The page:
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Raising Questions (or, Stopping Trains 2)


“A touching piece about an important question – the question Mario Savio posed, standing on top of a police car on the UC Berkeley in December 2, 1964: when is it that you’ve finally had enough, and throw yourself into the gears, and make the machine stop, because business as usual is completely intolerable and insane, and nothing matters but stopping it, not comfort, or security, or sanity, or even life – it’s just got to stop, and you just can’t let it go on anymore, you just can’t watch it anymore?”

Sometimes there is no right answer. Sometimes, no matter what our actions are, there is no way to say, “Yes, this choice, this action, will bring the change we need.” Sometimes, we simply need to find as much strength, love, and compassion as possible and act anyway. Sometimes we find this with our brothers and sisters, sometimes we find the strength within, and sometimes we really need to ask for help.

I was thinking about that at the soup kitchen today as I gave a long time guest a hug. He’s someone who has been up and down over the years, sometimes able to find odd jobs, other times staying with family, other times in jail or back on the streets. He told me today that he knew he wasn’t doing well and was trying to stop drinking. I asked if he had help with that, if he was going to meetings or anything. He said he had been, but was still drinking, so he quit. And now he’s back on the crack. He said he was trying. I said, “But it’s hard to do it without help.” He said, “But I have to do it myself. No one can do it for me.” True. And yet sometimes we really do need assistance. Looking at him, I knew there simply was no help I could offer besides listening, some kindness, and some food.

One hour later, in walked Michael, the guy in the orange shirt who was on the train tracks last Sunday. Thinking back to that day, one of the things he said was that he had graduated from Juilliard. Someone asked where his guitar was and he had replied, “I don’t have one. But I do play.” It came to me: I used to see him busking about town some years ago. What had happened to him? What was his story? Why was he on the tracks in desperation, and the other side of the counter? He is obviously highly intelligent and educated. Why had his life turned out so differently than mine? Was it lack of will, chemical imbalance, or something else?

I asked how he was, saying I’d seen him on Sunday and it seemed the police had tackled him pretty hard. Showing me his hospital wrist band he said, “I just got out of General. They cracked some of my ribs.”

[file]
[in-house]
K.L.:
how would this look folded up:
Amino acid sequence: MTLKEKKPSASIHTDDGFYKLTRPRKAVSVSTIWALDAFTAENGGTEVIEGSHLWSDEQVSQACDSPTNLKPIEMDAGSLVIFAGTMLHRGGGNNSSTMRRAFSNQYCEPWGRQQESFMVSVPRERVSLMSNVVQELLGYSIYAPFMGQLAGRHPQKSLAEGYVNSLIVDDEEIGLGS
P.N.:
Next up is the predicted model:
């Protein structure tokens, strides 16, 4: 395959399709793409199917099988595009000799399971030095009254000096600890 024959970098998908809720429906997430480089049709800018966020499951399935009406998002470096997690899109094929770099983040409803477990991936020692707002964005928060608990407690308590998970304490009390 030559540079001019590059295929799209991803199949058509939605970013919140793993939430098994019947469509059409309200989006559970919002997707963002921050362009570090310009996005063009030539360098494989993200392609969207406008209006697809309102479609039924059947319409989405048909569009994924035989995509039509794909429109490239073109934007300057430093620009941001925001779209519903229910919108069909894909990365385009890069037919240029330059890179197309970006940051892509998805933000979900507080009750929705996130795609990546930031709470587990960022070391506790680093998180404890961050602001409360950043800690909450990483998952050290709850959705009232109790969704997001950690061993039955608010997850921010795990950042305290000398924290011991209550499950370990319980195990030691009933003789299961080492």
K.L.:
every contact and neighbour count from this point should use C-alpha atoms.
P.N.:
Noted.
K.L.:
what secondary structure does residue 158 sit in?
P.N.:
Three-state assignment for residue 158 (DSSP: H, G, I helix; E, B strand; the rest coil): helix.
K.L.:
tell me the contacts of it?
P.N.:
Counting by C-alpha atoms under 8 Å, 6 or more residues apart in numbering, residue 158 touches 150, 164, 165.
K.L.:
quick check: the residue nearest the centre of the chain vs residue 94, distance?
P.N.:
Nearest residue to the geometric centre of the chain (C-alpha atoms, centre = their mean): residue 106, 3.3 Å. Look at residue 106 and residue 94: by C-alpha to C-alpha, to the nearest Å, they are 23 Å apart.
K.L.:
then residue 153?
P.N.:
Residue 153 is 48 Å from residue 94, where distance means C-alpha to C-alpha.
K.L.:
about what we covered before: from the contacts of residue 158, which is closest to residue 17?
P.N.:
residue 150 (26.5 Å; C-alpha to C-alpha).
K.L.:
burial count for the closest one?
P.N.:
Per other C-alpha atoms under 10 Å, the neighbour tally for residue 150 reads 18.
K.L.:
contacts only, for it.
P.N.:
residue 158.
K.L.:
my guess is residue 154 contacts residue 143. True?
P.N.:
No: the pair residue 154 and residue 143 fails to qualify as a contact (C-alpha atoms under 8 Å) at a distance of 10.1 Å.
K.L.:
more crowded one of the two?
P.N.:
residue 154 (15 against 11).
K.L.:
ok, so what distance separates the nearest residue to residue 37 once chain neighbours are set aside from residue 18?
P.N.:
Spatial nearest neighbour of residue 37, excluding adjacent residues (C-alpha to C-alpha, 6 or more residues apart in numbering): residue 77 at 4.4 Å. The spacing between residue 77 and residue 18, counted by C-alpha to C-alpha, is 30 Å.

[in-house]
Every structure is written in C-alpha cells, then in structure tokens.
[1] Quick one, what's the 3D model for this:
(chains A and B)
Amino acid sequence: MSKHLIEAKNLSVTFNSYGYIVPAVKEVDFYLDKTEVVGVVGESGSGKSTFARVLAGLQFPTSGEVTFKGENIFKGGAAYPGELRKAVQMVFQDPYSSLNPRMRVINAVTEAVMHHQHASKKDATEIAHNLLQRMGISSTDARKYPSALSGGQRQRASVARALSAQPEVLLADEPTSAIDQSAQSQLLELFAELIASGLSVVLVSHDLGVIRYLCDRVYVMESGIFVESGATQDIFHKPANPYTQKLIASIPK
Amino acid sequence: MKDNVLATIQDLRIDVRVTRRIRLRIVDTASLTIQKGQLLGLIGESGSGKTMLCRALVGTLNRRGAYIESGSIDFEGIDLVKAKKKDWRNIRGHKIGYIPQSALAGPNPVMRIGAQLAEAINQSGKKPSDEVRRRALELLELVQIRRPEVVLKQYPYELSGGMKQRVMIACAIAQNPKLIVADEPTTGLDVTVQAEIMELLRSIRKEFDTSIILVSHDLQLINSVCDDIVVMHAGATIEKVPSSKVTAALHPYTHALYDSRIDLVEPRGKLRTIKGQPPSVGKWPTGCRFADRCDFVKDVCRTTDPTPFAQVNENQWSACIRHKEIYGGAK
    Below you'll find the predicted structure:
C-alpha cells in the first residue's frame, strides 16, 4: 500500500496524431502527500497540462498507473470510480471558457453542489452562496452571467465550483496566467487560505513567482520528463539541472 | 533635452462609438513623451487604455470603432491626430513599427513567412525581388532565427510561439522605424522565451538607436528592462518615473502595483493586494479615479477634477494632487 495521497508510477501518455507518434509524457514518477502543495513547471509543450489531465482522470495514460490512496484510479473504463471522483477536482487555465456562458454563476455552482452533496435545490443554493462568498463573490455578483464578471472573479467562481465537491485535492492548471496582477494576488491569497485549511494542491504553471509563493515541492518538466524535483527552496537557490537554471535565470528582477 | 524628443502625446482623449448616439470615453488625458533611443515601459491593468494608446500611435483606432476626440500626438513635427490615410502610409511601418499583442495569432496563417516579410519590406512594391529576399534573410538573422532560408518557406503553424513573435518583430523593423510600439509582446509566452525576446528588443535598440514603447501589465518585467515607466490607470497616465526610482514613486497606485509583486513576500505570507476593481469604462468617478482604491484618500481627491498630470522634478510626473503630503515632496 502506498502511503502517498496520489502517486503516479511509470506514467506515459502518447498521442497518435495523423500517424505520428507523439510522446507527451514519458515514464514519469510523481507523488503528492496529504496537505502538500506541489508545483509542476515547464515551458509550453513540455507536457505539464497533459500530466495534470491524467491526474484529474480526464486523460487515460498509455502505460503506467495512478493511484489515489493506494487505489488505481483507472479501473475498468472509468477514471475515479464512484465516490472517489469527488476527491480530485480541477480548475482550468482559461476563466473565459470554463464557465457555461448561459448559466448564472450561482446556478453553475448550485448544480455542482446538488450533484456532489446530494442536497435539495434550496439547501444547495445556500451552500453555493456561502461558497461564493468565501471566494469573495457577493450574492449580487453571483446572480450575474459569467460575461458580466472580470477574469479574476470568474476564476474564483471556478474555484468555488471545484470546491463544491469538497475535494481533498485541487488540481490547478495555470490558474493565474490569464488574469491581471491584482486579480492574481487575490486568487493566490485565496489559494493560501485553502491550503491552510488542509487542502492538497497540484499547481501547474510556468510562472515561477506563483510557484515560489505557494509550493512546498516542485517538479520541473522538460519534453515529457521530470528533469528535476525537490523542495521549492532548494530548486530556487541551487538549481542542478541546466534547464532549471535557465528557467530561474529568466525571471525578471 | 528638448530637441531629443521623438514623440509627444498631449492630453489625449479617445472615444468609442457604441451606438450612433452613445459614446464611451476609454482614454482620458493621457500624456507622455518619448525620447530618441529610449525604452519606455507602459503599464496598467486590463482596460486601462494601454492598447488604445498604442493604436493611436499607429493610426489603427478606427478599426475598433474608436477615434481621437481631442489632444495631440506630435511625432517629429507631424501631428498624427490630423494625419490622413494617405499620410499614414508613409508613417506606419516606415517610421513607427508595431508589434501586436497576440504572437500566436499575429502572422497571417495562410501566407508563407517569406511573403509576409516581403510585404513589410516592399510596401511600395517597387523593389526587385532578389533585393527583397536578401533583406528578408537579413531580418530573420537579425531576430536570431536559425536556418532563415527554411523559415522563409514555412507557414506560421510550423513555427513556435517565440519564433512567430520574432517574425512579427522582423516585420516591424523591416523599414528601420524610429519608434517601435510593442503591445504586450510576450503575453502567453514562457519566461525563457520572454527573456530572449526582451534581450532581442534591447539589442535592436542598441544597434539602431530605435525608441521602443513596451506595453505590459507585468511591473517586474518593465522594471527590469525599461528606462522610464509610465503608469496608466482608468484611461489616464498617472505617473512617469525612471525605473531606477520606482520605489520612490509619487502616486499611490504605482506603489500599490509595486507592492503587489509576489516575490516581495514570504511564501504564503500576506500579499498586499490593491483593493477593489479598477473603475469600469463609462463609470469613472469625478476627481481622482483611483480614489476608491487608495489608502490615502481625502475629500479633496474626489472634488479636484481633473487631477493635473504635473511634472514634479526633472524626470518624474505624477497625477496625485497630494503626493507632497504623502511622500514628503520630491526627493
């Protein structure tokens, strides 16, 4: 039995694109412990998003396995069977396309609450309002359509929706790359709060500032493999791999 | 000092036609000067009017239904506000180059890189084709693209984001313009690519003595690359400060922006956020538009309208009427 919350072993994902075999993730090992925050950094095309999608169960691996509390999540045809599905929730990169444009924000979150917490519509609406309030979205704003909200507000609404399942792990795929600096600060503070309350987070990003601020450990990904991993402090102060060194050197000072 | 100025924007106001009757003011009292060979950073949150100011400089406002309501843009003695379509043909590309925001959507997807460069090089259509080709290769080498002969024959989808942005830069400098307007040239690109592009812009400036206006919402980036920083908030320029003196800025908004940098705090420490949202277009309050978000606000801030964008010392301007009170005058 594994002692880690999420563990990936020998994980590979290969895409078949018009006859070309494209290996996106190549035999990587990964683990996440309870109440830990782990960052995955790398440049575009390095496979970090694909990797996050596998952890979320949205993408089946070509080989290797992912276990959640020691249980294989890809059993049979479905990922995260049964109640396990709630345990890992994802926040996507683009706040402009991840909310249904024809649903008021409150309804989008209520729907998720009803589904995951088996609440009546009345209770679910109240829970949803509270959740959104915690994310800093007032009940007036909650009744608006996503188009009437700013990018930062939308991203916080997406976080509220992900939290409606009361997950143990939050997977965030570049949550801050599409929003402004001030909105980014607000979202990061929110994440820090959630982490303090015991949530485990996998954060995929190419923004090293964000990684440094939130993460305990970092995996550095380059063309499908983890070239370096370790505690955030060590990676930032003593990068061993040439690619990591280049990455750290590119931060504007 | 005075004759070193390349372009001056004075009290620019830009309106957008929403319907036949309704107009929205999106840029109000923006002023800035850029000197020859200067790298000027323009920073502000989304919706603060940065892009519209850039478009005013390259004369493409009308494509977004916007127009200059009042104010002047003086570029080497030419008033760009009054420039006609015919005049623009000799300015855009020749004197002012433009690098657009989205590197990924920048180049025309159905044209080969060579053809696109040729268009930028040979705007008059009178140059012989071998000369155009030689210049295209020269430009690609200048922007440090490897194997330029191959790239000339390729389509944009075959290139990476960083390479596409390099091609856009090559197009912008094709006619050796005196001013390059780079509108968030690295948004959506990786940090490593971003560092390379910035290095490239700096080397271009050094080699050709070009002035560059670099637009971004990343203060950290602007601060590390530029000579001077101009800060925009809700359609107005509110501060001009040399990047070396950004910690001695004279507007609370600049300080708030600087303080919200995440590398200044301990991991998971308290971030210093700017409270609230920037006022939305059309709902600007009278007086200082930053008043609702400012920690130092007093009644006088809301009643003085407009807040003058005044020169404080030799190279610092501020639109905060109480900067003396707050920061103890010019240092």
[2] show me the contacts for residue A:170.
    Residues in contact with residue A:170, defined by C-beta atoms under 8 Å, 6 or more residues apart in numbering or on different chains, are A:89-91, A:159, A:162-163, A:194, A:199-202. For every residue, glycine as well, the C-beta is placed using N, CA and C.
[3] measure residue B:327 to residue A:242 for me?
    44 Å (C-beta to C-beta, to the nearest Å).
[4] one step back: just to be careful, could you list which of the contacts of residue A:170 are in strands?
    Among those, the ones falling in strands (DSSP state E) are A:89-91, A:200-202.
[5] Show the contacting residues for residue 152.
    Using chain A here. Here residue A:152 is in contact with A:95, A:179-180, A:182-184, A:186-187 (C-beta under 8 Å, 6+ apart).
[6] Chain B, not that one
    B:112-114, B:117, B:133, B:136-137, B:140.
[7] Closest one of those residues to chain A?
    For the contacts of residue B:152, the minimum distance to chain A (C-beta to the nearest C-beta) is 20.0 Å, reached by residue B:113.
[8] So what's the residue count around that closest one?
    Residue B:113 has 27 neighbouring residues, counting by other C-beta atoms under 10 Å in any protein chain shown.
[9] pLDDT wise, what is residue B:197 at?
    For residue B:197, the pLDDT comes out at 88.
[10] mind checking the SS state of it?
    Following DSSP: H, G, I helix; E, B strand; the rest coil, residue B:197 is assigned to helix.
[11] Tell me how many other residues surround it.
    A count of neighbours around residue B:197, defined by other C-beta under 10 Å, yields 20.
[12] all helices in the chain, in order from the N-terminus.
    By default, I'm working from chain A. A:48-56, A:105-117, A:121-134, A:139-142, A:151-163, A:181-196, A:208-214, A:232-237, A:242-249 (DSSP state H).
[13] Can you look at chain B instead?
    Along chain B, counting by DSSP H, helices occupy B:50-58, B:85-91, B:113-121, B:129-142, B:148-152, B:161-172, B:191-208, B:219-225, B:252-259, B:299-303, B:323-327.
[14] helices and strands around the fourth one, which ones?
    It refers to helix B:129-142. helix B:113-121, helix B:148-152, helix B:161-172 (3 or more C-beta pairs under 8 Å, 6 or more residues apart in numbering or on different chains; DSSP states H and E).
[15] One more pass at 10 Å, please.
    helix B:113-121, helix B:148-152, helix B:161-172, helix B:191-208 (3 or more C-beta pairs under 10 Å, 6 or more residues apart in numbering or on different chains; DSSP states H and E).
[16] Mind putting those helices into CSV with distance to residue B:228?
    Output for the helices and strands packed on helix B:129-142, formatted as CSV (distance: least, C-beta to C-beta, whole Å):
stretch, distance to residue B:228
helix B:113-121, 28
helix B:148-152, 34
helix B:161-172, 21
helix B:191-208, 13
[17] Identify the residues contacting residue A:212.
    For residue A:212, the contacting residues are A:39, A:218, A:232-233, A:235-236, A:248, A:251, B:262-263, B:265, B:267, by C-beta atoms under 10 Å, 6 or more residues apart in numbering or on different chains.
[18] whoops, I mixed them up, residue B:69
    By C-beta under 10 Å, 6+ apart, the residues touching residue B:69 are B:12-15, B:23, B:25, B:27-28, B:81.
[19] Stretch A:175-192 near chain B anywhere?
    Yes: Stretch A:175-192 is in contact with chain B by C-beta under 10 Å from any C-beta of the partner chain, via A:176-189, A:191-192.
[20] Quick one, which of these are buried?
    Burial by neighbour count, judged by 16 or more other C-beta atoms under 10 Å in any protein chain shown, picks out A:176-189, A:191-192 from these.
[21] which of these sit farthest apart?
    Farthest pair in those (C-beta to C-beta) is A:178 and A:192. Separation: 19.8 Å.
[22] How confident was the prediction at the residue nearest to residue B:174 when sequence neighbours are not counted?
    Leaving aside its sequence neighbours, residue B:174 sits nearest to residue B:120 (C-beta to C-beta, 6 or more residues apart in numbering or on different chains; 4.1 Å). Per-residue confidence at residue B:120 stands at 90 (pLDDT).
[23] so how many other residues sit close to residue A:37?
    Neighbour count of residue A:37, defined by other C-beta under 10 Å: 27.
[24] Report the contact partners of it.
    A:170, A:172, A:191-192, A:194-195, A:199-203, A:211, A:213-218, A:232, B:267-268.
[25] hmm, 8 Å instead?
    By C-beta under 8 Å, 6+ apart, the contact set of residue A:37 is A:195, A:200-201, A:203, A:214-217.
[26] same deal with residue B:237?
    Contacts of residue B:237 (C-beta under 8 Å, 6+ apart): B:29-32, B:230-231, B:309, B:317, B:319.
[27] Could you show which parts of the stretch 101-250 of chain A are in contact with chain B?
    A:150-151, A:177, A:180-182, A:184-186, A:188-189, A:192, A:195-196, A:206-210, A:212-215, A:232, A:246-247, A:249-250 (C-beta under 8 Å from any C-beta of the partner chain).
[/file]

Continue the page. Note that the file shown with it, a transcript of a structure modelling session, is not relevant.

Five police officers just trying to do their job tackled him hard enough to crack ribs. This is the situation we all find ourselves in. What was the right answer in that moment, for the police, for him, and for any of us? Michael’s heart, in its manic moment, needed to take a stand against injustice. The police, in that moment, felt a need to keep him from harming himself or others, and to get the trains running again. Those of us on the platform needed to bear witness to it all. None of us had the “right” answer. All of us needed help. But where could we turn?

One of the teachings from my spiritual tradition comes from Victor Anderson who enjoined us to neither coddle nor punish weakness. I want to help myself, friends, students, and clients toward strength so we can become our best selves, and help to shift the balance of the world toward beauty and wholeness. However, I consistently encounter people who seem barely able to care for themselves, through some combination of circumstance and chemistry. How do we best help? When do we need to be hard, and when soft? And when do we seek out assistance?

Some days I have answers to my questions. Today, I have none. I simply hold them in my mind and heart. I gaze at them as I do the guests coming for salad, conversation, and a place to rest after a long day looking for work, or a long night on cold concrete. Then I ride my bicycle home, gaze upon the apple blossoms, lettuces, and chard and I give thanks for the power of life renewed. I give thanks for the cycles of beauty and pain, the gifts in each encounter, ideas carried on birdsong, for the washing of the pots and the serving of the soup. I know that even when I don’t know the right answer, I can follow the course back to love.

What gives you hope? What keeps you strong? When do you ask someone for help? When do you offer the same?

What gets you through these times?

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